Restoring Bridgeman's landscape at Lodge Park
The landscape at Lodge Park was designed by Charles Bridgeman in the 1720s and 1730s, commissioned by Sir John Dutton. Unfortunately, it was never completed. Now, almost 300 years later, work has begun to restore the design.
Who was Charles Bridgeman?
Charles Bridgeman was an important gardener in the 18th century. He was appointed Royal Gardener to George II and worked on Royal residences.
He worked on Hampton Court and Kensington palaces, as well as on the landscapes of private houses such as Stowe, and public areas including Hyde Park.
Bridgeman's influence on gardening
Bridgeman had a critical and influential role in the transition from formal, geometric layouts of gardens to the freer, more ‘natural’ style gardens designs.
It's unknown how many of Bridgeman’s landscapes remain, but we do know that many have been changed. It showed the status of Lodge Park's owner Sir John Dutton that he employed a gardener of such importance.
Researching Lodge Park's past
The Conservation Management Plan at Lodge Park used a variety of techniques to find out how far the landscape was planted. Tree surveys were conducted to look at how many, and which, trees are contemporary with the design.
A LIDAR survey, taken from a plane using lasers, showed tree pits in places where trees no longer survive, but which existed on earlier plans.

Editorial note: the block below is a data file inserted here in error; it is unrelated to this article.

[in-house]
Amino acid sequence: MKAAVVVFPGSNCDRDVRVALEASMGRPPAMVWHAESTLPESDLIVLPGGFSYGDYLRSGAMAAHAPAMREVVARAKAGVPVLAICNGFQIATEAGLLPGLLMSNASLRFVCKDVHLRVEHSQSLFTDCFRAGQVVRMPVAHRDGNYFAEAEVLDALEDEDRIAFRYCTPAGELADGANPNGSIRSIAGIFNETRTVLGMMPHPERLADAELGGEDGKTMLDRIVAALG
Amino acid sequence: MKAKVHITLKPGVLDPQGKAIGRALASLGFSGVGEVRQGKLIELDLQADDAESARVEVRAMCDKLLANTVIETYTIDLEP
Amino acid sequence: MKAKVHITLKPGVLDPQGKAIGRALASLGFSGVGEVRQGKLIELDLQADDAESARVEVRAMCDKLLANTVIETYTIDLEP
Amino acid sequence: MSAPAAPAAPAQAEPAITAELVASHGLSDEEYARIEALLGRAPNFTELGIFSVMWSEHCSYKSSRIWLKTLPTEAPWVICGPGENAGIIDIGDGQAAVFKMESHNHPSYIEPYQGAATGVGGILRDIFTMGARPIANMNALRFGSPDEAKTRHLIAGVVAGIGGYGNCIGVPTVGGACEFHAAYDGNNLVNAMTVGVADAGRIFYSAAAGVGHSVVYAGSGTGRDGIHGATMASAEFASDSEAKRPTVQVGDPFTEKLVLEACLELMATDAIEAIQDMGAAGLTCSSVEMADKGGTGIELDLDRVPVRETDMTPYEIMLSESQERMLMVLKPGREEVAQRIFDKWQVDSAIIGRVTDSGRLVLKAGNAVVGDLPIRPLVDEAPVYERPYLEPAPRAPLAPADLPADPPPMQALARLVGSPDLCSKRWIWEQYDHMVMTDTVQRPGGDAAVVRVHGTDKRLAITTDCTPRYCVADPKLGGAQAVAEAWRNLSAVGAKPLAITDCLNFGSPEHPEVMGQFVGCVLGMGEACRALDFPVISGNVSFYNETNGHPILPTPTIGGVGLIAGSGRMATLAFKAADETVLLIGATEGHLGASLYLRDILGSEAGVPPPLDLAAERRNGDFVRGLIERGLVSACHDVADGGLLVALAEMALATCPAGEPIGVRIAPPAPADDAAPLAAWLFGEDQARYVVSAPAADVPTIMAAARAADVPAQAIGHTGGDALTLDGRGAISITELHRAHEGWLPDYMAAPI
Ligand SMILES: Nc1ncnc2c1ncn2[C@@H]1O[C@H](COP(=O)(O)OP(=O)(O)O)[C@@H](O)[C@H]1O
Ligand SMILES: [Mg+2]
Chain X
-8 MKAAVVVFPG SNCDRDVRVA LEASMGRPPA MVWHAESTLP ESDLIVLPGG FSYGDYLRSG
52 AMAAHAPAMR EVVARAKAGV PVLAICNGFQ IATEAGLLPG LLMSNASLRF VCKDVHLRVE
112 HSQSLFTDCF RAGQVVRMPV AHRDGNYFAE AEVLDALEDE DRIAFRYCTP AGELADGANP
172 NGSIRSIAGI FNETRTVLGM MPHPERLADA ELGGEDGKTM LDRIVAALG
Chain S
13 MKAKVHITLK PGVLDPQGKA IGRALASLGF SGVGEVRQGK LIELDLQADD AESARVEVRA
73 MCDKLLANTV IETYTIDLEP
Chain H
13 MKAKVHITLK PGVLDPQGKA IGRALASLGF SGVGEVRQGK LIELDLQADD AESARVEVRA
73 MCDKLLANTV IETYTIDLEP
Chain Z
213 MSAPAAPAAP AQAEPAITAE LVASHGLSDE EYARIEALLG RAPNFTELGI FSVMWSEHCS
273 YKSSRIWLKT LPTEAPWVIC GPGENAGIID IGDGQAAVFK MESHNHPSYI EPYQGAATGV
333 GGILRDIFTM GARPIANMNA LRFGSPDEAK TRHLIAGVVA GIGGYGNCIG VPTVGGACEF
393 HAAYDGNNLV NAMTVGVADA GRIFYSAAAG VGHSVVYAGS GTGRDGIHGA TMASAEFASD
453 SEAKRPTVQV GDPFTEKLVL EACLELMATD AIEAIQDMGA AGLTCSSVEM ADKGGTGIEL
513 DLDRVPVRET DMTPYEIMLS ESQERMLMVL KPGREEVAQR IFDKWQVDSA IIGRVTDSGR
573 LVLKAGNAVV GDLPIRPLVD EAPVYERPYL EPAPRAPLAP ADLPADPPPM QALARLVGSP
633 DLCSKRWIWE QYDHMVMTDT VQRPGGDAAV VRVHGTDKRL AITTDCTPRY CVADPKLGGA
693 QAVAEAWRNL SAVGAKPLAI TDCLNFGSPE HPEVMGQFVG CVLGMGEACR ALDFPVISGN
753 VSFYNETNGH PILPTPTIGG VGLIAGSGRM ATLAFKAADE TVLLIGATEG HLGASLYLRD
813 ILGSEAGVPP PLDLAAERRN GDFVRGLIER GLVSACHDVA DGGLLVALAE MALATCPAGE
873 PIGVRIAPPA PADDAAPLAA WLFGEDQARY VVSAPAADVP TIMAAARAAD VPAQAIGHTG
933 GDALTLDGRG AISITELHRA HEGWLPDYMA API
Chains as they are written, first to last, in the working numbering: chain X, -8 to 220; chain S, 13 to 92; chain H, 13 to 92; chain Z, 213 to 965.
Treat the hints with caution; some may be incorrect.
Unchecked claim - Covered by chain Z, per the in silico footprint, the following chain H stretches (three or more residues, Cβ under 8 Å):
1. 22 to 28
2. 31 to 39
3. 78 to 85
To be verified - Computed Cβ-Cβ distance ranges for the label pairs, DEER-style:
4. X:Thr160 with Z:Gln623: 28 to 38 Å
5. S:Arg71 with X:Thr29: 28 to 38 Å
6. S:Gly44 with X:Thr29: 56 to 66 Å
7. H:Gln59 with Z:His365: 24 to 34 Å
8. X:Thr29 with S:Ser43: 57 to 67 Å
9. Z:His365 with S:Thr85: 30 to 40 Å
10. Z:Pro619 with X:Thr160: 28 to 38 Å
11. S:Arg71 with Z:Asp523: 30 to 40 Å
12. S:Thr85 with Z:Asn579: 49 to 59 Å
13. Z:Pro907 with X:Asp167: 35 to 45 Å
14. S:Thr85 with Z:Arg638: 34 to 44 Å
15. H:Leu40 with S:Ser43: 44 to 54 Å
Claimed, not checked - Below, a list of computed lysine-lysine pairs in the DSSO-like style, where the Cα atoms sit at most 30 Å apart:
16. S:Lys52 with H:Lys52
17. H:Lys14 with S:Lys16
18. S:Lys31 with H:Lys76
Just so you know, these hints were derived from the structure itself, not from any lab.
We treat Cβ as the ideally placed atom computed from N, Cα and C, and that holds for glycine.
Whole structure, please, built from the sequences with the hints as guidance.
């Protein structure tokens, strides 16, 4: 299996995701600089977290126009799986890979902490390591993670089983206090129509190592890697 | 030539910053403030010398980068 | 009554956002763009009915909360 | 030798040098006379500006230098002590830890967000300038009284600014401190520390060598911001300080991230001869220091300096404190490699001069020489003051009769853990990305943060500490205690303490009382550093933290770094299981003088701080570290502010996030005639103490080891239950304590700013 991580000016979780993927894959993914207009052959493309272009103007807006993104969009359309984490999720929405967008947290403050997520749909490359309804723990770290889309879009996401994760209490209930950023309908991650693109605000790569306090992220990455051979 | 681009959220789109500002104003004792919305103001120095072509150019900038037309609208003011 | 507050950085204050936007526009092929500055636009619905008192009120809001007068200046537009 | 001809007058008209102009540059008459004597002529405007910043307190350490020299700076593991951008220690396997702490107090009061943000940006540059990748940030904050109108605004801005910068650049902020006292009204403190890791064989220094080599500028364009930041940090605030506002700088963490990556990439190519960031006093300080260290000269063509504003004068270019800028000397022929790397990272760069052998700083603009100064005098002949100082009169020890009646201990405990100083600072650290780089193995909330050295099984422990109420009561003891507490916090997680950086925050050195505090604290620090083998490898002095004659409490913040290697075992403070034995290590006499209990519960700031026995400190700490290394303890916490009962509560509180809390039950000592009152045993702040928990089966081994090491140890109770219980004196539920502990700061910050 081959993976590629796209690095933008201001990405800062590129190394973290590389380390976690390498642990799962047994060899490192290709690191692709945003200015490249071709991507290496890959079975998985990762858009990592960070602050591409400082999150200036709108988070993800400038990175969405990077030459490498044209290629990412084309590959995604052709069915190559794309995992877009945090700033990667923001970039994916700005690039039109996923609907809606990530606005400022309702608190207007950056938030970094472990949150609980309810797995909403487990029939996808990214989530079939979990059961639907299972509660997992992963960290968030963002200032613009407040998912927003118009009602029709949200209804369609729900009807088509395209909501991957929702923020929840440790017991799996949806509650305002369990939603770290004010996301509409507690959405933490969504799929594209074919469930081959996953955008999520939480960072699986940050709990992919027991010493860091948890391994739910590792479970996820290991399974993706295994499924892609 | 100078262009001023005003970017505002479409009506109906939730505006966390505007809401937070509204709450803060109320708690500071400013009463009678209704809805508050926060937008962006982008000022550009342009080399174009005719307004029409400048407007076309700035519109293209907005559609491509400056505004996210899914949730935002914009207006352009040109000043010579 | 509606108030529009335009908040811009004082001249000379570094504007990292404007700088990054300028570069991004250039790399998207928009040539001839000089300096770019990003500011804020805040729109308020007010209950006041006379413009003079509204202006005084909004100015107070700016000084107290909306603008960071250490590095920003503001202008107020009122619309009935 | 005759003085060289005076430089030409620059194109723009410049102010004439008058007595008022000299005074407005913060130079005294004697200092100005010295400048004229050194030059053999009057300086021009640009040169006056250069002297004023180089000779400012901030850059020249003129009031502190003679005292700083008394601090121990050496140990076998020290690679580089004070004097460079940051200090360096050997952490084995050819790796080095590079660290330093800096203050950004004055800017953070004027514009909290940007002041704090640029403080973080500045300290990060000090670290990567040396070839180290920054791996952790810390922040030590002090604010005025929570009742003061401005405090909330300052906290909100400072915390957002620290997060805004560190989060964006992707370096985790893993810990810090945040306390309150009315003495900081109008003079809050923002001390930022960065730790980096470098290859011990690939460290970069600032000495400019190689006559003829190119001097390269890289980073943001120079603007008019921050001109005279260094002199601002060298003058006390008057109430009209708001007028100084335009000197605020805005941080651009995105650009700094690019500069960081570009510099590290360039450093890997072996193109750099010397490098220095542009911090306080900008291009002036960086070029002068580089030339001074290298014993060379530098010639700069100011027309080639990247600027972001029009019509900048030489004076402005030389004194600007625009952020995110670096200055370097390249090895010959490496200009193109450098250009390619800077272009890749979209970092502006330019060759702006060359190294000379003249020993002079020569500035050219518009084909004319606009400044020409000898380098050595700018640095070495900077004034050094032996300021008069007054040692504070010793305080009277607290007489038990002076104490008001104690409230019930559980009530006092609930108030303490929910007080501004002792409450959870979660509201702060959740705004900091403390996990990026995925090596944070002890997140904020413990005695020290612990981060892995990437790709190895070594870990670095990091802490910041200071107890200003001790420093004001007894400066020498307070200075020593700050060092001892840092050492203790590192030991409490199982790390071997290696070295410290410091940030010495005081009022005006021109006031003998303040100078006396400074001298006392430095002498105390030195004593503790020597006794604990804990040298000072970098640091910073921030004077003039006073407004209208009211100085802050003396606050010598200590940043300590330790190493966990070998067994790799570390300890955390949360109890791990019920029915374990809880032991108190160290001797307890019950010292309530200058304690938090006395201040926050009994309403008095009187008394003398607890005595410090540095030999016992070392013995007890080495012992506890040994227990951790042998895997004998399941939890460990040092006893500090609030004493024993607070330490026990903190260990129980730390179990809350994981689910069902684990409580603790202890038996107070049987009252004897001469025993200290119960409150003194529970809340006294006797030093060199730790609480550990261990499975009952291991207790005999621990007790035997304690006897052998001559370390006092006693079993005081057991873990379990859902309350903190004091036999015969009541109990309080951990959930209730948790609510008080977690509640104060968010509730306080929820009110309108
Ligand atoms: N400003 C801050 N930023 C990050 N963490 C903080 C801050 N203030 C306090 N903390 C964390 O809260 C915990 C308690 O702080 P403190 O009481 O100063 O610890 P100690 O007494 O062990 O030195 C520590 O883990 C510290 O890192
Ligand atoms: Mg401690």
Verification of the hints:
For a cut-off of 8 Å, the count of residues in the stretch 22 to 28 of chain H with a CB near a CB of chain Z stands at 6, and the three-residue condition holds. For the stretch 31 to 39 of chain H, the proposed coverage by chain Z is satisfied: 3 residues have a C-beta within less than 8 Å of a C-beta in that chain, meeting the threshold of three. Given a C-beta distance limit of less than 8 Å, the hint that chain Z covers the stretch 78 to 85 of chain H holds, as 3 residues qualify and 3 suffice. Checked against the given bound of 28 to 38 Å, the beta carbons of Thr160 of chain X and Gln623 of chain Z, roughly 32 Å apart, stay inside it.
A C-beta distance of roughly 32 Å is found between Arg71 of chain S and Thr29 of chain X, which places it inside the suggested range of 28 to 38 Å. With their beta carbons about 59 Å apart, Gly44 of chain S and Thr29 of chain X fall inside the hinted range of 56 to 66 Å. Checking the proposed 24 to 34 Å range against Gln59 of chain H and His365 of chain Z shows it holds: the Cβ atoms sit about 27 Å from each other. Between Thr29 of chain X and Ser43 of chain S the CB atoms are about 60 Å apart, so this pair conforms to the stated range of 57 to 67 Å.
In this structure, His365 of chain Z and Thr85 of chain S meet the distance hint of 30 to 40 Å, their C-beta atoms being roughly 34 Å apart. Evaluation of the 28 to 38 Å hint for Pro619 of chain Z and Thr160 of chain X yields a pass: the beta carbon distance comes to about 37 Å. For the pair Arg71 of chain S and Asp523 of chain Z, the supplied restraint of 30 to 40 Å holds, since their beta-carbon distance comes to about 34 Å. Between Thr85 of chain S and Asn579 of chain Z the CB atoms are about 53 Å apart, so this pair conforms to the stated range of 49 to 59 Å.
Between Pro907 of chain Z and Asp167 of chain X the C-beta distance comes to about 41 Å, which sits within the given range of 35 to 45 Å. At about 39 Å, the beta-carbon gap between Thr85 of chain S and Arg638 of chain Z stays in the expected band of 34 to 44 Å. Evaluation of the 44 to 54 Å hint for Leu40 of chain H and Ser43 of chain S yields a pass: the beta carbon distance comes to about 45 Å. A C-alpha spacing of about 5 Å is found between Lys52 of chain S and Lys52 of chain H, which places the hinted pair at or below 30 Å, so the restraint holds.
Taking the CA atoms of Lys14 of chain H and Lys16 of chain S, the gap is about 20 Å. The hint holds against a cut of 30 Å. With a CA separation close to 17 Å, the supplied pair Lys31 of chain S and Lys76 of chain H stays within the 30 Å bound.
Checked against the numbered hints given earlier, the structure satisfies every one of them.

Results of the survey
From the survey it's known that a lot of the tree planting that Bridgeman planned was implemented, and quite a few areas remain today.
It's also known that the serpentine canal he planned was never realised, but that it may have influenced the development of The Serpentine in Hyde Park, also by Bridgeman, five years later.
How we're restoring Lodge Park
The first 102 trees were planted in January 2021 and include both lime and elm trees. Historically 14,000 elms were planted in the landscape, but none have survived due to diseases such as Dutch elm disease.
The elms that have now been planted are disease-resistant Ulmus 'New Horizon' elms.
The trees have been planted by the Cotswold Voluntary Wardens, as part of their 50th anniversary celebrations, as well as National Trust staff and volunteers.
Although much of the original landscape at Lodge Park has now been lost, there are still plenty of clues as to what may have looked like in the past. The designs, created by the gardener Charles Bridgeman, was considered revolutionary at the time.
Sherborne estate is a great place for a walk throughout all seasons. It is also a haven for wildlife, so bring along your binoculars and see what you can spot.
We’ve introduced wildlife corridors and water meadows to the Sherborne Estate so that farmers in the Windrush Valley can live in greater harmony with nature while still growing crops and raising livestock.
Find out more about the funding the National Trust receives from grants, and the projects it has helped support.